Home Web marketing The government will regulate “buy now, pay later” loans by the end of the year

The government will regulate “buy now, pay later” loans by the end of the year

0

Buy now, pay later loan providers should be regulated to reduce the risk of vulnerable users falling into a spiral of debt.

Buy now, pay later (BNPL) lenders would be required to do better checks before opening accounts, said Commerce and Consumer Affairs Minister David Clark.

“While for many BNPL can be a useful way of spreading the cost of large household purchases, we try to prevent vulnerable people from going into debt, if lenders allow them to take on more than they can afford. allow,” he said. .

BNPL loans are short-term, interest-free loans, but they are not covered by responsible lending laws covering other lenders.

READ MORE:
* New Zealand consumer calls for tighter control of buy-it-now and pay-later services
* The buy now, pay later dilemma: How regulated should the latest form of consumer debt be?
* Minister spoke of buy now, pay later “a ticking time bomb”

Financial mentors have lobbied for regulation, and the number of people defaulting on BNPL loans is on the rise.

By October, the proportion of BNPL loans from borrowers who were behind in their repayments to lenders like AfterPay, Genoa Pay, ZipPay and Laybuy had risen to 9%, according to data from credit reporting firm Centrix.

Clark said $1.7 billion was spent by buyers using BNPL last year, up from $755 million the year before.

Commerce and Consumer Affairs Minister David Clark said BNPL lending will be regulated.

ROBERT KITCHIN/Stuff

Commerce and Consumer Affairs Minister David Clark said BNPL lending will be regulated.

Clark said the government decided that BNPL lenders would be required to carry out affordability checks before issuing BNPL loans of $600 or more.

This would give borrowers who take out these larger BNPL loans similar protections to borrowers using credit cards and personal loans, he said.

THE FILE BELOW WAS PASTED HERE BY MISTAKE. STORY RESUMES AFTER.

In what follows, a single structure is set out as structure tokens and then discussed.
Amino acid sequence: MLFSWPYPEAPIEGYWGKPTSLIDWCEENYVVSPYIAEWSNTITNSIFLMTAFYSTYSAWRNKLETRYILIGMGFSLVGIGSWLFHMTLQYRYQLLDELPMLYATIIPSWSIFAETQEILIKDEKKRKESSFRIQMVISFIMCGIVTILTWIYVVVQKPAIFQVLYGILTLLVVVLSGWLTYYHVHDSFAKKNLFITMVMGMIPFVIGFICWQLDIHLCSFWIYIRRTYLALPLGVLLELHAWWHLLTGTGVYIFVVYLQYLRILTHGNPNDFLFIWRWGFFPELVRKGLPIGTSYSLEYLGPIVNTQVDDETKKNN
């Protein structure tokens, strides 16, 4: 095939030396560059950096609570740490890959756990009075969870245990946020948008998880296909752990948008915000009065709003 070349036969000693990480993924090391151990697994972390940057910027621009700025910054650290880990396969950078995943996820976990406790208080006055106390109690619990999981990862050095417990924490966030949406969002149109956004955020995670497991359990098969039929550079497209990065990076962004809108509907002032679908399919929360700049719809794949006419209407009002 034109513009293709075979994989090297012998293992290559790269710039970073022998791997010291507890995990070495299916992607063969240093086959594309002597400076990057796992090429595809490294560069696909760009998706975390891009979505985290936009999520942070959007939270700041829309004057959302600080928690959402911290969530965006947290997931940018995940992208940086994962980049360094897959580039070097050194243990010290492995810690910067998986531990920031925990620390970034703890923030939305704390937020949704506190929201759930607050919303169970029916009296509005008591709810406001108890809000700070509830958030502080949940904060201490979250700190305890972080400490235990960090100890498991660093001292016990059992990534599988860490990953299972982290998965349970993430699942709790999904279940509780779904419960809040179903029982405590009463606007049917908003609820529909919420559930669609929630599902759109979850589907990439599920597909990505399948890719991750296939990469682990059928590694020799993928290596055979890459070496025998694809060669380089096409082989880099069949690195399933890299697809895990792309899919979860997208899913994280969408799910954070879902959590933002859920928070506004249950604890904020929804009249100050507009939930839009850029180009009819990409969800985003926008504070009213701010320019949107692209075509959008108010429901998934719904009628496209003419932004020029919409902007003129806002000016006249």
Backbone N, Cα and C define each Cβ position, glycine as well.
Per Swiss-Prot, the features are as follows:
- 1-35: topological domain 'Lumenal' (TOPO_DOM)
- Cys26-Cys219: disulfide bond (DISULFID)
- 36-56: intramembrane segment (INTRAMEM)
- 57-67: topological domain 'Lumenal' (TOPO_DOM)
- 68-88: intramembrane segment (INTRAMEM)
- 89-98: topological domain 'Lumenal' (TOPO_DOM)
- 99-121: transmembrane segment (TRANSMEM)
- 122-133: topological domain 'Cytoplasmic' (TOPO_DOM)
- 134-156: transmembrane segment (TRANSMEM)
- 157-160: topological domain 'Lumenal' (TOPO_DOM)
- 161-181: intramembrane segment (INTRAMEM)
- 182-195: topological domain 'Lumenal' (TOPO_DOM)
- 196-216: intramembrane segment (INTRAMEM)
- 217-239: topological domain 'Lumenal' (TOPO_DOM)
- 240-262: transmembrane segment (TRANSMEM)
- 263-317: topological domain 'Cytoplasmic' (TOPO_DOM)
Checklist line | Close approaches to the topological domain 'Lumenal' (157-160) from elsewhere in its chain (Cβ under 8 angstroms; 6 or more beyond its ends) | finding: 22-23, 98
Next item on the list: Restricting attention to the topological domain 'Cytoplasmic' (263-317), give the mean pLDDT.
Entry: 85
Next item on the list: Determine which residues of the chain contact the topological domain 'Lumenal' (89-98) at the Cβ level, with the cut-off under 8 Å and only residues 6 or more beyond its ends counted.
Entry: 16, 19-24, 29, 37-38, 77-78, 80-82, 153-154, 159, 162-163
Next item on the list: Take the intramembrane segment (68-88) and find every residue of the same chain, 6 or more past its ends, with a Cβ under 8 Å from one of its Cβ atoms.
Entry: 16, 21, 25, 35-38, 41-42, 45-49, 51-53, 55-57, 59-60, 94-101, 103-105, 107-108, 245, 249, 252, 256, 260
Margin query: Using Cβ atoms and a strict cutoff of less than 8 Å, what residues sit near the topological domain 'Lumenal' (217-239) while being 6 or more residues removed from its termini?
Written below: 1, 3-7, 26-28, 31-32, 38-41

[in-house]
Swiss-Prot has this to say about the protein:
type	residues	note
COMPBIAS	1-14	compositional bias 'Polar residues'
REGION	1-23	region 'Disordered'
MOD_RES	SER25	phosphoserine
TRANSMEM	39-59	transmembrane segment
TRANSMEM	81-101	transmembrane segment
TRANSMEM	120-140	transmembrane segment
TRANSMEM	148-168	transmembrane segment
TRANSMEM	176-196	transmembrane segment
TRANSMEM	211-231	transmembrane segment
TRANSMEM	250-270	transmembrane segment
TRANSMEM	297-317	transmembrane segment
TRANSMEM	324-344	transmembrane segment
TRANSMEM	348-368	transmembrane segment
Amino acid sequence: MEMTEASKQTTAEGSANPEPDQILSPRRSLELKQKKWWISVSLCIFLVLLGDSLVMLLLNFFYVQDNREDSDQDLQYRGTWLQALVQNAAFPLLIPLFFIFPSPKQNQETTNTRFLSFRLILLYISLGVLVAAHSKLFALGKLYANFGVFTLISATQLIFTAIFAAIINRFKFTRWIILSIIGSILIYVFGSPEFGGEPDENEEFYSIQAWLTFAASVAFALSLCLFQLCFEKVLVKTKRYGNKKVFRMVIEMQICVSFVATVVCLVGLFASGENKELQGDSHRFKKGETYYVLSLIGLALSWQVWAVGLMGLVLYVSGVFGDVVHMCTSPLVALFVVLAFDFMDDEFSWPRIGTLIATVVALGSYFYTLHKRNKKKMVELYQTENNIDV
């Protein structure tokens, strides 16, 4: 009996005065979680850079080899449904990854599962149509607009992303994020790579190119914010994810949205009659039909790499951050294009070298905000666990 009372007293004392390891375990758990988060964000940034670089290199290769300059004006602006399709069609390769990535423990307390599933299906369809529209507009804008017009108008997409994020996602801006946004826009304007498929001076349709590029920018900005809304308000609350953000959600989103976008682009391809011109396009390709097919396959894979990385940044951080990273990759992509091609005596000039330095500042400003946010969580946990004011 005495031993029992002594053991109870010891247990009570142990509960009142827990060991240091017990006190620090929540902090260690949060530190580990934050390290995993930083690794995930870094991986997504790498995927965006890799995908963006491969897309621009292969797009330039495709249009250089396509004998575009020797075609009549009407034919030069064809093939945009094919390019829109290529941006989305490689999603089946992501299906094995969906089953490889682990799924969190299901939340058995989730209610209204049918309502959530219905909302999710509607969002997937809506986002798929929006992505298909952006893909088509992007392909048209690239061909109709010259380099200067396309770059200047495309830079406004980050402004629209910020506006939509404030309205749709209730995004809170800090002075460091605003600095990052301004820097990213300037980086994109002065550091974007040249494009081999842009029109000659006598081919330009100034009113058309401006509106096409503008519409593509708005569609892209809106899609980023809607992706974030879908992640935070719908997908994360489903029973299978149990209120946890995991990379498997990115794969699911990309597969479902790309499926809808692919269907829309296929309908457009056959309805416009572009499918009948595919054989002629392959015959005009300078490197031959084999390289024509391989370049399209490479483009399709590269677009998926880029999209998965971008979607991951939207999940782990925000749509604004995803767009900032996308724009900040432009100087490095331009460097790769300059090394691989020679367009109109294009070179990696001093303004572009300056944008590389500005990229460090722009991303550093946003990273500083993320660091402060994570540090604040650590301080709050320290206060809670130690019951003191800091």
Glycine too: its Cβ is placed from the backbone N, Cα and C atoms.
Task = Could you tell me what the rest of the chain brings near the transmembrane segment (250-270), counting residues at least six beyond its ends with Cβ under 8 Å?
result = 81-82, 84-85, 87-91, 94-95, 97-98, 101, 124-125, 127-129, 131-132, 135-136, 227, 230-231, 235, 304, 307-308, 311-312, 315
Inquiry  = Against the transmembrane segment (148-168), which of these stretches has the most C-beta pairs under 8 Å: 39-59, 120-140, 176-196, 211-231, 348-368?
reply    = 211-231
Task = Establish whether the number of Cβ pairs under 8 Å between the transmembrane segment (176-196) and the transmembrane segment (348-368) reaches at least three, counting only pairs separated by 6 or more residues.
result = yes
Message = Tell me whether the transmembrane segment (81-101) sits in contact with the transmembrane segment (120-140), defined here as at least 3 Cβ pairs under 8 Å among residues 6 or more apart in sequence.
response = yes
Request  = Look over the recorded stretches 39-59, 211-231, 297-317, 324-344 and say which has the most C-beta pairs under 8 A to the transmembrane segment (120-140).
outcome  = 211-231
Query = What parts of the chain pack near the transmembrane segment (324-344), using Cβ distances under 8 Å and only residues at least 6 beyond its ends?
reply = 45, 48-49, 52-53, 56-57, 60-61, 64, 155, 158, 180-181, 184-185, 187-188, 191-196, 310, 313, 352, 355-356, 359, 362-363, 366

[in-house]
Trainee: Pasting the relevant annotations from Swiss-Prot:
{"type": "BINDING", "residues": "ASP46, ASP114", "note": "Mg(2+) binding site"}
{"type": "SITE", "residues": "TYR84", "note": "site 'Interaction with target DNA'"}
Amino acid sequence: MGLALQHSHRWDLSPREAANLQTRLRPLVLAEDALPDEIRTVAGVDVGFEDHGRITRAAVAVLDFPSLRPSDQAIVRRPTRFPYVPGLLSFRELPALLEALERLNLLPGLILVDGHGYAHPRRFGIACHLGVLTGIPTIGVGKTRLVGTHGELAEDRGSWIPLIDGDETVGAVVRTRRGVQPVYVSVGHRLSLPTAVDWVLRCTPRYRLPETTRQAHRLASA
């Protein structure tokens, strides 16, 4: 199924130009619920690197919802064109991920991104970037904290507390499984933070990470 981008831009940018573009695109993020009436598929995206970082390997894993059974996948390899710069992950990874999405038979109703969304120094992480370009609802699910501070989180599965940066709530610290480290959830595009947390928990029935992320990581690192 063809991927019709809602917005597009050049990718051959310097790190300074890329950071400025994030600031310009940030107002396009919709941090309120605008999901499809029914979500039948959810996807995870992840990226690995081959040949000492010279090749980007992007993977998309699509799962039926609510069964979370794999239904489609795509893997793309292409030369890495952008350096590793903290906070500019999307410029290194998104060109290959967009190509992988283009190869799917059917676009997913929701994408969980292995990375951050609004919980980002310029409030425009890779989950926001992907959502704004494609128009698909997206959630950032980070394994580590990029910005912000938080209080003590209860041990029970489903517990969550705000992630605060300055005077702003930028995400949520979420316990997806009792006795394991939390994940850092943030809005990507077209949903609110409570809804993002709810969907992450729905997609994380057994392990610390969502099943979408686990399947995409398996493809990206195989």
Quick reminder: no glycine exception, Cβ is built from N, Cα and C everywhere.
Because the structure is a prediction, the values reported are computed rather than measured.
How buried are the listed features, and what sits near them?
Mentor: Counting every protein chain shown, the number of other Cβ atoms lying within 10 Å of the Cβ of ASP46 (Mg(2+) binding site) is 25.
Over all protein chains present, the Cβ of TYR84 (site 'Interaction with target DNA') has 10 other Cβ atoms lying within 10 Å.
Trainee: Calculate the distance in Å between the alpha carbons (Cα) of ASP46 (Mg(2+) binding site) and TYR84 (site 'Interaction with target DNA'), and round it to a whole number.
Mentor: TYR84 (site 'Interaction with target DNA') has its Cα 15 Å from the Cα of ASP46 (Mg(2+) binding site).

All BNPL lenders should also provide more comprehensive information to credit reporting companies, which compile individuals’ credit reports.

They should have difficulty process when borrowers find it difficult to repay. Lenders should also belong to a dispute resolution system.

Clark made his announcement at Auckland Central Budgeting Consultants in the Auckland suburb of Balmoral.

Financial mentors have pushed for BNPL lending to be regulated, and lenders have come to accept that some regulation is inevitable.

Last week, the mentors released documents they sent to Clark outlining their concerns.

Andrew Henderson, Director of Dunedin’s Budget Advice Service, said: “Many BNPLs destroy people’s ability to manage their day-to-day finances. The constant cycle of debt leading to spiraling debt is terrifying.

“We are no longer a ‘rainy day’ nation, but an instant gratification nation with little understanding of the debt trap caused by BNPL,” he said.

Clark said the Department for Business, Innovation and Jobs would consult soon on regulations that would cover BNPL lenders, and he hoped regulations would be in place next year.

“We will strike the right balance between consumer protection and the possibility of continued access to low-cost credit by applying the law on credit agreements and consumer credit in a proportionate way,” said Clark.

Centrix data suggests BNPL’s rise has come at the expense of credit cards.

Contrary to BNPL’s continued rise, credit cards continued to be cancelled, Centrix’s latest monthly credit report showed.

“There are nearly 2.1 million Kiwi consumers who have credit cards. However, the number of multiple credit card holders has declined by 33% since 2019 as many people chose to pay off and close their accounts during the pandemic,” he said.